Although recently she hadn’t been sleeping much of anywhere. Every time she closed her eyes she was visited by a recurring nightmare. She was caught in the midst of a war between arachnids and reptilians unable to take a side simply because she had no idea who was in the wrong. Or was she there to scare them both into ending their war? Helen would have to ask Mammon about the dream war. But for now, she just wanted to finish exploring the manor house.
The dumbwaiter had piqued her curiosity about the original kitchen. She walked down the central hall stairs until she reached the foyer. She entered the dining hall and headed toward the back of the manor. Stepping into the master kitchen was quite an experience. An old fashioned central fireplace was outfitted with several iron pots and supplied heat to a quartet of brick ovens flanking it. Water could be drawn from a cistern in the center of the room. Several gas appliances had been installed against the outer wall opposite the fireplace. A variety of cast iron, steel, and aluminum cookware hung from the ceiling from racks. The cupboards were full of antique china and stoneware. The eclectic nature of the space was the result of gradual attempts to modernize without losing too much of the character of the house in the process.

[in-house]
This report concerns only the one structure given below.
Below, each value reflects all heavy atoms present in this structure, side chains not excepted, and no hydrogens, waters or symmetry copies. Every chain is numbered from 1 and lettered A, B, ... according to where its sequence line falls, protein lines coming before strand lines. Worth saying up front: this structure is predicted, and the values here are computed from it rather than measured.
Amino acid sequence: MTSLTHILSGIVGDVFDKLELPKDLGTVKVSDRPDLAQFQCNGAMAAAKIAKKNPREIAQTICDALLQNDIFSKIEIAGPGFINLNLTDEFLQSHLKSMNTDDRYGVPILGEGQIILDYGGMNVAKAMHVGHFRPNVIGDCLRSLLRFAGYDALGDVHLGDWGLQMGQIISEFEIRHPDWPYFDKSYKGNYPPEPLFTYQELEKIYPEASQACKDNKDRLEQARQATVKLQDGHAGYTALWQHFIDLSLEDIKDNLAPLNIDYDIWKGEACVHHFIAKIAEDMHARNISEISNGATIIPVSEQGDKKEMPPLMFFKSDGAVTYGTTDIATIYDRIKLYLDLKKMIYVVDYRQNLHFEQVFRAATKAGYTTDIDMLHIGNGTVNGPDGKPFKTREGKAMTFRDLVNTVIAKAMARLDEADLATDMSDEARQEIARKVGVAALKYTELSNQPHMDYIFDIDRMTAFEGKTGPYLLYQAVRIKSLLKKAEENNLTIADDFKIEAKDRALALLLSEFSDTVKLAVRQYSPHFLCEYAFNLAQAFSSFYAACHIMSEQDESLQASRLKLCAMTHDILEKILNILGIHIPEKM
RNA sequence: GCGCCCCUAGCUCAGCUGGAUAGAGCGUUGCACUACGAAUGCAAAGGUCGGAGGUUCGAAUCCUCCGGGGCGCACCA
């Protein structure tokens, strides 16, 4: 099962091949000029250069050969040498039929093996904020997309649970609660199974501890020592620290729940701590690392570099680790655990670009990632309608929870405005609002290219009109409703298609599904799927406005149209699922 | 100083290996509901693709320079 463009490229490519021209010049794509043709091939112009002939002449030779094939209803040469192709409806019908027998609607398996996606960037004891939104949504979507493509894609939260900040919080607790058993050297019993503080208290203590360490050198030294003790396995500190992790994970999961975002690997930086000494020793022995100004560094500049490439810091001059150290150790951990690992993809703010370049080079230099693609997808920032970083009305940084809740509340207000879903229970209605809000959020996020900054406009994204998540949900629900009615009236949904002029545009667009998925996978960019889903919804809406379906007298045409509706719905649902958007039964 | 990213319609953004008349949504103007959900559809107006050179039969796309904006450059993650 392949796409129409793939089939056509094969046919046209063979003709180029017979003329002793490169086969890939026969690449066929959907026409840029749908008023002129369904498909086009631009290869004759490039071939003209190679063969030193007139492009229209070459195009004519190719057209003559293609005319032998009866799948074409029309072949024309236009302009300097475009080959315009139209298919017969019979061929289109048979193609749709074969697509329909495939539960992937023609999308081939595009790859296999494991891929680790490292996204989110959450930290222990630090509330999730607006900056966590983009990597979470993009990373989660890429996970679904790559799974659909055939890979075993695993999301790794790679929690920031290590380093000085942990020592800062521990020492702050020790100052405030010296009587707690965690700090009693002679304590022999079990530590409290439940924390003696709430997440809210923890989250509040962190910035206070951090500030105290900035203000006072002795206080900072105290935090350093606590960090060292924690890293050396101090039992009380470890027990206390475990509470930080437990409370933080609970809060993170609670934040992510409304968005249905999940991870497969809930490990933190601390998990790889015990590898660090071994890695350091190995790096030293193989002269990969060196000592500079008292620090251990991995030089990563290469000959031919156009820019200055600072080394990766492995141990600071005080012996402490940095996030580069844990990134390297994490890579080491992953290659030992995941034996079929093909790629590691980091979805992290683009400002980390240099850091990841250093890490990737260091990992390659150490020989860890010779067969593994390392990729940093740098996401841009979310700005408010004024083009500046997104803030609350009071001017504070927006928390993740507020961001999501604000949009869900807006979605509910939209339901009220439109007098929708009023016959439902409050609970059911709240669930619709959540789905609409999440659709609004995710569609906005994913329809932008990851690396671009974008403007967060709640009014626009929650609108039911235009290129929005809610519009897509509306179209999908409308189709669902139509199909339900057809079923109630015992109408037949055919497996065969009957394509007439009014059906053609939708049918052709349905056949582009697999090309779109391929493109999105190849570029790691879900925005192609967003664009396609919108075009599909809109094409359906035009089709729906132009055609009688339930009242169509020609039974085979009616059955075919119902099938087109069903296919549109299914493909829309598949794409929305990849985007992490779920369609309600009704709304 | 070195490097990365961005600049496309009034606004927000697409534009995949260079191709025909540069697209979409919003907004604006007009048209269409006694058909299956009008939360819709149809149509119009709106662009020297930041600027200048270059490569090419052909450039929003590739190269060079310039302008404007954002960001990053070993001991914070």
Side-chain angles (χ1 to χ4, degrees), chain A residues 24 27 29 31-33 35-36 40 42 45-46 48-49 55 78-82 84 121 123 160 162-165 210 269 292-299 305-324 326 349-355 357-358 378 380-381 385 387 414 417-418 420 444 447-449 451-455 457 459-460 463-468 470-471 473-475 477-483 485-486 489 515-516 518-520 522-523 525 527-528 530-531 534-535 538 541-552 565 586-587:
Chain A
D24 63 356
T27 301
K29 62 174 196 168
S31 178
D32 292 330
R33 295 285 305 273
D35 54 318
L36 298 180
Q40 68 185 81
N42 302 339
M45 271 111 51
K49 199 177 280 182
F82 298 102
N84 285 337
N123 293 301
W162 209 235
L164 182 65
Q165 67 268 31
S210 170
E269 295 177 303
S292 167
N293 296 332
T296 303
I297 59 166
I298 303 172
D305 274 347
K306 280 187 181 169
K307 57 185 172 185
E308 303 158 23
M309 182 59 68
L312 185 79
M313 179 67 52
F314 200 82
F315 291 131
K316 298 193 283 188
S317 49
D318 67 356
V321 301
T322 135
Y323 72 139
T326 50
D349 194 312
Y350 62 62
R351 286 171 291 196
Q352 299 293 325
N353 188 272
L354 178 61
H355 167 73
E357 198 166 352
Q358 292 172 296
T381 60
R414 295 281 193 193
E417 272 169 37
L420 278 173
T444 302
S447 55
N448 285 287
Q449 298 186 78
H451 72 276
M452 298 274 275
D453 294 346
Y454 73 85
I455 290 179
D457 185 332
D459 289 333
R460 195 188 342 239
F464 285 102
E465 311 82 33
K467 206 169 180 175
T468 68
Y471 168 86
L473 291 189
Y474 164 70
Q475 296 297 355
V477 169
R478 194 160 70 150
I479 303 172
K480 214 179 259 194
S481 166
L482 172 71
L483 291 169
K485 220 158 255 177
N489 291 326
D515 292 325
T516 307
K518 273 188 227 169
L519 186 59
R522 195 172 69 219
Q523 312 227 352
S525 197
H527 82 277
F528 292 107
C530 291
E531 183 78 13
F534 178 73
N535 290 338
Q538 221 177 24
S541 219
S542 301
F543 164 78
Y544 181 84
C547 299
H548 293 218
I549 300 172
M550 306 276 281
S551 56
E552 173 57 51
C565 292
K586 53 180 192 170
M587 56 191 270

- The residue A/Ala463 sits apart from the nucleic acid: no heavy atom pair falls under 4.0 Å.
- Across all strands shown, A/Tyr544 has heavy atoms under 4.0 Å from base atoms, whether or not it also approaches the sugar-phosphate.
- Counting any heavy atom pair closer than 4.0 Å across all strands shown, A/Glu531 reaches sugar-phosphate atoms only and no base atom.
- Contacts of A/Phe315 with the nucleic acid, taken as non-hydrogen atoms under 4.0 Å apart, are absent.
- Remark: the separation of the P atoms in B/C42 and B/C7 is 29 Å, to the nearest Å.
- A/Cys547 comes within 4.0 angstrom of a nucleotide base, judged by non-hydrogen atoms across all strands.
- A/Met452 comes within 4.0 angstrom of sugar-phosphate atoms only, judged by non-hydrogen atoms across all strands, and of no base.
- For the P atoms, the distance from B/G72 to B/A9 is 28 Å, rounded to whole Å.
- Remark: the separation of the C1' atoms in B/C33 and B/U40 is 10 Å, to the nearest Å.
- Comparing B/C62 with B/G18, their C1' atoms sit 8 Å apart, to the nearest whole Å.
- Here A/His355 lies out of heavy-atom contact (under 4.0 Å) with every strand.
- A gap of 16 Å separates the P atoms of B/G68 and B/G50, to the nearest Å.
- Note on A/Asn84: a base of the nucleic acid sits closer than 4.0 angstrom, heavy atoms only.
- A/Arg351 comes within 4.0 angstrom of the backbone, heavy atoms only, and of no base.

At the back of the ballroom were two lounges designated Gentlemen and Ladies. The men’s lounge had overstuffed leather armchairs arranged in small conversational groups. The oak paneled walls sported a thin layer of tar and soot from cigar smoke. Ashtrays with the remnants of tobacco ashes were scattered about various tables. A door labeled ‘WATER CLOSET’ led to a small toilet and sink. A carved cherry billiard table stood near the window. Hanging overhead were a pair of railroad lanterns.